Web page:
Moebius got involved with Ferry St, in its early days, when members of Middletown Urban Gardens reached out and encouraged her to make use of the space. At the time, Moebius was grappling with the death of her infant son, along with a number of personal struggles.

“They brought me to the garden, and the garden brought me back to life,” Moebius said.

Moebius grew up in New Jersey, and at a young age was taught by her grandma to distinguish a weed from a flower. When Ferry St. was established, she found solace in returning to old habits and using her hands to reconnect with the earth, through the soil, the planting, and ultimate growth. She has since become a staunch advocate for urban gardening, maintaining that it is especially important for low-income kids and families, which make up a sizable demographic of the North End, to grow their own food. Through community planting days, like North End Pride Day, Moebius, along with neighboring community organizations, has helped to spread Ferry St.’s mission to both nearby residents and interested University students.

But as the nature of college life has it, students come and go. They get caught up in the dizzying amount of academic and co-curricular commitments, they go abroad, and they graduate. Any efforts made in a given student’s time at the University disappear into thin air if no one is appointed to sustain them. Such is what’s happening at Ferry St., as individuals who tend to the garden attempt to do so without the backbone of institutional support that it once received from the University and NEAT.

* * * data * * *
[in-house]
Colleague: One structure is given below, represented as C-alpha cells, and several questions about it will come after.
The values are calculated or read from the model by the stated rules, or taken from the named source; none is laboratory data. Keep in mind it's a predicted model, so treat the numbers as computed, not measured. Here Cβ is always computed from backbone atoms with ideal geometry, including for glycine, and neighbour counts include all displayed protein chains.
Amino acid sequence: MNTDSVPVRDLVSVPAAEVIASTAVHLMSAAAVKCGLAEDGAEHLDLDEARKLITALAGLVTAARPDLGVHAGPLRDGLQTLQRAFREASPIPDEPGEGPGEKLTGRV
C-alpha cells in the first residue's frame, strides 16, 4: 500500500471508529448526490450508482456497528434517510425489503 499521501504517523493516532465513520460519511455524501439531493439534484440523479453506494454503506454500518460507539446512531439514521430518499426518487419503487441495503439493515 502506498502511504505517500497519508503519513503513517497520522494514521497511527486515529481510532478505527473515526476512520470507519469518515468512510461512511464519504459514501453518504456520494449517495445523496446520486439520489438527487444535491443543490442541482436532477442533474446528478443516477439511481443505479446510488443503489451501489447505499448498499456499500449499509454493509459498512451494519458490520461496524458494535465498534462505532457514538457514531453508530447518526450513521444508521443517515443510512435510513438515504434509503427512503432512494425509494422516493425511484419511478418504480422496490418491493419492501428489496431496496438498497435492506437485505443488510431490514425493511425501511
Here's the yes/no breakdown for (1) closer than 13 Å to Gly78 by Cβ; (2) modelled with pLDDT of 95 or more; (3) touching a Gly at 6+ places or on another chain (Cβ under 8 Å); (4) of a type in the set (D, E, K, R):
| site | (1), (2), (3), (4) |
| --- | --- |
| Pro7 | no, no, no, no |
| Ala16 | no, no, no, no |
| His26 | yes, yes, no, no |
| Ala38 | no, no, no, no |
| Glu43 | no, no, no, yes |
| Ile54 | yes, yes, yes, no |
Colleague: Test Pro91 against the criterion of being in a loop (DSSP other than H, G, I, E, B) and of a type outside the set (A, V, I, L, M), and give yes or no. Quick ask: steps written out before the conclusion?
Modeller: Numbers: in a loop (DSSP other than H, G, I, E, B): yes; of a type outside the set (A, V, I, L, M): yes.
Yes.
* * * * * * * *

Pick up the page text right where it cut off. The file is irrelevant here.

In recent years, traces of lead were detected in the Ferry St. soil. The state of Connecticut deemed it a contaminated site, which led to the installation of the six planters in the space. Each one of these planters are bottomless, but are partitioned from the contaminated base soil with a thick layer of mulch and sturdy canvas. Clear organic soil has been placed in the planters, on top of this canvas, and though this method of keeping the soil and resulting crops clean is not foolproof, it’s the only way that Ferry St. can attempt to keep those who work in the garden, as well as those who ingest food grown there, safe.

When Middletown Urban Gardens was more involved with Ferry St., students who were genuinely interested in urban gardening and specifically the state of Ferry St. itself were a valuable resource for those who were using the space. The club took advantage of University governing bodies like SALD and the SBC, and received funding to ensure that the garden had all the equipment it would need each season.

But now, this arrangement has changed, since many of these club members have left the University. Since then, Moebius has turned to NEAT to ask whether they could supply the garden with soil, but all she has gotten in return is talk that hasn’t been realized.

“I don’t want to sit through a meeting and be promised things that aren’t followed through with,” Moebius said. “When the students from Wesleyan were involved, we had everything we needed. Now there’s so much bureaucracy.”